Some links that were provided to me really helped me understand this game and its meaning a little better. Not because I didn’t when I finished, but I wanted to know more. I’m not quite sure what to tell you here though. Do you watch the video and read the blog post first before you play? Well you certainly can, but I think it might give away the meaning of The Beginner’s Guide. If you watch it after, you may understand it all much better and want to go back to really pick up on every detail. I suppose it’s up to you, the player, but I honestly found this information extremely enlightening consuming it after I finished the game.

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Also, playing The Stanley Parable isn’t a bad idea as well because it may provide some insight that could be helpful…. and it’s really just a damn good game.  Really Good.

I’d recommend viewing these links after you finish, but it’s your call.

http://www.galactic-cafe.com/2014/02/game-of-the-year/

Click on* Playing Stories with Davey Wreden

http://livestream.com/accounts/6845410/gamesnow/videos/83818176

Tl:dr – The Beginner’s Guide has a strangely accurate but misleading title for those who have not played it.  It’s more of a story based game with no action and little puzzle solving. It’s a short game, clocking in at about 1 hour and 30 minutes, but is powerful and intriguing. You’ll spend your time learning something deep and personal about the main character in this game, and maybe something about yourself. Overall, don’t read spoilers and go in blind. It’s worth it.

Rating – 9/10

Purchase – Steam £9.99/$9.99

Trailer –

Let’s take a look at … – Epic Showdown

Epic Showdown is a casual arena-shooter released this October by indie developer Naloki. With four unique characters to choose between, and two game modes available: survival mode and crypt (dungeon crawling type option), there’s premise for a fun little casual shooter. Unfortunately, although I try to find the best in every game I review, I cannot recommend this one in the state it is in. It is nearly unplayable, and here’s a list of reasons why:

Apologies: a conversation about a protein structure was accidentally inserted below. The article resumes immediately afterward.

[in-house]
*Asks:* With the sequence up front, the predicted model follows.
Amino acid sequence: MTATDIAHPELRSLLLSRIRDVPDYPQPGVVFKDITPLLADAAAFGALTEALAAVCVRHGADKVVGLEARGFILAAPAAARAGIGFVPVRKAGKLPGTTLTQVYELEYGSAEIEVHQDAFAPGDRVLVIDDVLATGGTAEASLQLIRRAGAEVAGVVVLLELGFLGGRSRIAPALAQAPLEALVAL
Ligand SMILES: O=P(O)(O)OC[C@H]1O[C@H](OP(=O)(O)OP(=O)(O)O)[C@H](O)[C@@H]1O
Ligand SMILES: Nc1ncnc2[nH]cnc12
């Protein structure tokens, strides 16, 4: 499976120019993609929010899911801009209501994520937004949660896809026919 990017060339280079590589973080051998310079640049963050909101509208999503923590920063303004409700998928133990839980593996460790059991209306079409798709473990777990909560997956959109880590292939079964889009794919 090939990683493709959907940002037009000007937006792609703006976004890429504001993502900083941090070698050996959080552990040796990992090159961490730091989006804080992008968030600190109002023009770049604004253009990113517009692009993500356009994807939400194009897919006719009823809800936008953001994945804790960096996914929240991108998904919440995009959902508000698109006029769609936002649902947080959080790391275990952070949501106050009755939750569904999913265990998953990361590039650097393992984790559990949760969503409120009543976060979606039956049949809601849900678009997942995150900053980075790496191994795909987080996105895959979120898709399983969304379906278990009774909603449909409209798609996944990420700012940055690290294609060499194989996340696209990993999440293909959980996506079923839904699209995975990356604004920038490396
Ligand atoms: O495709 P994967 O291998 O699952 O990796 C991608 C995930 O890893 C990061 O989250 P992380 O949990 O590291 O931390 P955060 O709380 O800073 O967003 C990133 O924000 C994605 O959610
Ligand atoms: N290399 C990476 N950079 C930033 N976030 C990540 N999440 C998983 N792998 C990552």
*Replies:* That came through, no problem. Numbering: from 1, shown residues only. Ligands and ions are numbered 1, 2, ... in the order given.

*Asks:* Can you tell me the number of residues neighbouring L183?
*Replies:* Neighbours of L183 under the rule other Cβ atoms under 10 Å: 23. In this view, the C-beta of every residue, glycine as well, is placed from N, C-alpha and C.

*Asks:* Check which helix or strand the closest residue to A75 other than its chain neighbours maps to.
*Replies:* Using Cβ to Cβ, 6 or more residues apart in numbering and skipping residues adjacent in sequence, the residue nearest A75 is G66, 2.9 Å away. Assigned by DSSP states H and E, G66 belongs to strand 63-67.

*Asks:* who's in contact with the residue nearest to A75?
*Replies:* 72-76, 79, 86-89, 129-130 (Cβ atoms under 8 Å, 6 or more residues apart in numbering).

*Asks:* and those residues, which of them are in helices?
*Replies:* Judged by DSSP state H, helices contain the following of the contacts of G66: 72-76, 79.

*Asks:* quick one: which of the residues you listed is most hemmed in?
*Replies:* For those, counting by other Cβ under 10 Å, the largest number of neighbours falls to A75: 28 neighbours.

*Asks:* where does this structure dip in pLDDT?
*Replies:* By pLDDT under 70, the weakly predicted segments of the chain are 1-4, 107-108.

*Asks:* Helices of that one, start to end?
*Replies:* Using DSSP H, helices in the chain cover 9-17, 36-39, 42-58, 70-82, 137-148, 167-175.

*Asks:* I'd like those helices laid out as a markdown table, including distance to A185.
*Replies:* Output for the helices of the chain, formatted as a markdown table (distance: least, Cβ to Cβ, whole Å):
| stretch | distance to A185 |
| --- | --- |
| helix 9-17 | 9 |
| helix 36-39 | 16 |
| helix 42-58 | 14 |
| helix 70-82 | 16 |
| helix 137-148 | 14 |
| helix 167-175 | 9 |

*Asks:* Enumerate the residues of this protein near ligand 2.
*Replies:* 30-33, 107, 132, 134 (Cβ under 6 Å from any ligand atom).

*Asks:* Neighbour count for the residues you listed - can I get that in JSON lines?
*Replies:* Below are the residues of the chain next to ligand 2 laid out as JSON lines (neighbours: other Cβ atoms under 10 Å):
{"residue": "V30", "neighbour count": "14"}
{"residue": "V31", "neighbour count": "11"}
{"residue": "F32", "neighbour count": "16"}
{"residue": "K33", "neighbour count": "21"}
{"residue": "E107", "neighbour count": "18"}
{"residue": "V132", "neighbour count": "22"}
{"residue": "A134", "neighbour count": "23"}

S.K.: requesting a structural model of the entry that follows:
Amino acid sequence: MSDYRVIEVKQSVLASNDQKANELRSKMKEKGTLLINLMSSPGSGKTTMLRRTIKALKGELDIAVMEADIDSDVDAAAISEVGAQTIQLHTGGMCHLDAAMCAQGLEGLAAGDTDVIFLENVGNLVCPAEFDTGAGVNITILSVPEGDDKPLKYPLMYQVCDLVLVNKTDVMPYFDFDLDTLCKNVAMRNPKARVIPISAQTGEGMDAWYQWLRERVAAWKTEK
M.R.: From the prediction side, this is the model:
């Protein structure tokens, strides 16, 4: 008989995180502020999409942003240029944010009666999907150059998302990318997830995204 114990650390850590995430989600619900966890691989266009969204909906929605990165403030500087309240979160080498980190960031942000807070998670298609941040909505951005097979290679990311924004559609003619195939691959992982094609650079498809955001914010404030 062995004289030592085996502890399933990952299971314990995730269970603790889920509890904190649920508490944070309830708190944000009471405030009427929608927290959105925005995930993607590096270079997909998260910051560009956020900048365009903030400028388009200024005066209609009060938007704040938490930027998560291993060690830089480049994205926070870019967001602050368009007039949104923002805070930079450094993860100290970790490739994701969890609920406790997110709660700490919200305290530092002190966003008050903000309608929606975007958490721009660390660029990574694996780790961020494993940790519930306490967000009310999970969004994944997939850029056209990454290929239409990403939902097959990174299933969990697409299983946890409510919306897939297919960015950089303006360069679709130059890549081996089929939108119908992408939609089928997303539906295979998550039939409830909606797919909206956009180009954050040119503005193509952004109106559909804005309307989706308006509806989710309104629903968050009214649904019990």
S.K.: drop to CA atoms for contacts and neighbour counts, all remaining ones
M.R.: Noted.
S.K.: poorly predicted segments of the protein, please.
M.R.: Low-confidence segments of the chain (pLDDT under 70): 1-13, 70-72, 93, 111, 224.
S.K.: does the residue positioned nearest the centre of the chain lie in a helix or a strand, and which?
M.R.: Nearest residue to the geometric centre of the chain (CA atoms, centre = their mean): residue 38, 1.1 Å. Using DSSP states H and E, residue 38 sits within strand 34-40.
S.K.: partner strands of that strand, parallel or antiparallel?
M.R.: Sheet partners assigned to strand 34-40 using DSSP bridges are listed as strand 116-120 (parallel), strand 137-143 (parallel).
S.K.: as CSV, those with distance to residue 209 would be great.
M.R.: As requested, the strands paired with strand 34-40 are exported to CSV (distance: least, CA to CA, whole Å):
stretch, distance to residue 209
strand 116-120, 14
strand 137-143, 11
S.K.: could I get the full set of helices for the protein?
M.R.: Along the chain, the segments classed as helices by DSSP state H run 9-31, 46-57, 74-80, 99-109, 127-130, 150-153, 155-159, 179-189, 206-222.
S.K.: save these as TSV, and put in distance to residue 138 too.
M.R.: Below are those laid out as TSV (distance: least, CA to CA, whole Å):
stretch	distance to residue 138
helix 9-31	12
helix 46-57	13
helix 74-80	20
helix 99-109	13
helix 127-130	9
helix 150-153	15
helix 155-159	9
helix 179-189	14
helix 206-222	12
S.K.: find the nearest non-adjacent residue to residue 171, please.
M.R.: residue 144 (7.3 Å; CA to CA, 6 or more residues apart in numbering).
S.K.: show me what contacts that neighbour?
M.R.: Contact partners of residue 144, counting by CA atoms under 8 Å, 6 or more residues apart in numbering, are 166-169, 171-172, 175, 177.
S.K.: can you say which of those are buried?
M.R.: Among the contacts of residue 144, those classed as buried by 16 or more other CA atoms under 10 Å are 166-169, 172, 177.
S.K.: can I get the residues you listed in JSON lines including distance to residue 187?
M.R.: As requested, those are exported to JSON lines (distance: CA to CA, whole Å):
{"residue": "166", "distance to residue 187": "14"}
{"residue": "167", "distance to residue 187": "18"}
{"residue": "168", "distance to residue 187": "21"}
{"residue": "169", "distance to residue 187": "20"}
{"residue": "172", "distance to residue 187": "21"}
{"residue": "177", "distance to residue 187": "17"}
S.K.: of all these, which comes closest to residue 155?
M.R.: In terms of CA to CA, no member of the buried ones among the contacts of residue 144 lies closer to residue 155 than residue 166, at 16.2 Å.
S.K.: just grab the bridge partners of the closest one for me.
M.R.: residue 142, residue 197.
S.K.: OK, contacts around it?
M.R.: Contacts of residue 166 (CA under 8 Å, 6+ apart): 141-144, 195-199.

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The trailer for this game on Steam – which is also very unpolished – gives some back story to the game, but the game itself does not. There is no explanation for the character with the green hand who is watching some very oddly put-together heroes fight on television. There isn’t background on the heroes themselves, either. They are just there with no content, so there’s no way to get invested.

Control are typical of this genre with WASD and mouse movement, but their implementation is rough making them very difficult to use. At first the game looks like it is third person, but it actually isn’t. It’s fixed behind the character but it can’t turn meaning you just sort of slide around the screen more, like an unnecessary addition to your crosshairs. I was killed so quickly over and over because I wasn’t able to see well around the environment and back-up out of the way. I didn’t even have time to monitor my health and it seems the enemies hit way too hard relative to your health!

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The titles shortcomings don’t step here. The graphics feel old, and not in an intentional retro way either. It’s also too easy to get blinded by the environment. i.e., if you back-up into a tree, instead of stopping you from moving it envelopes your vision and you can’t see. You clip right through. The menu system is ugly, hard-to-read, and poorly designed. For example, hints are provided on the load screen, but the text is cut off.

In crypt mode, there is a slapping sound that repeats over and over and is extremely obnoxious. I couldn’t survive long enough to find out if it was something in the environment, or a glitch in the game. Overall, the game is just extremely unpolished and unfinished. The game crashed while loading and I had to force the executable to stop through Task Manager. It’s not worth anywhere near the $9.99 price tag it currently has.

Tl;dr – A catastrophic lack of polish isn’t the only thing letting Epic Showdown down.  If the game had more story behind it, and the controls were fixed, there might be some potential here. As-is, this game is unplayable and is not recommended. Don’t buy this.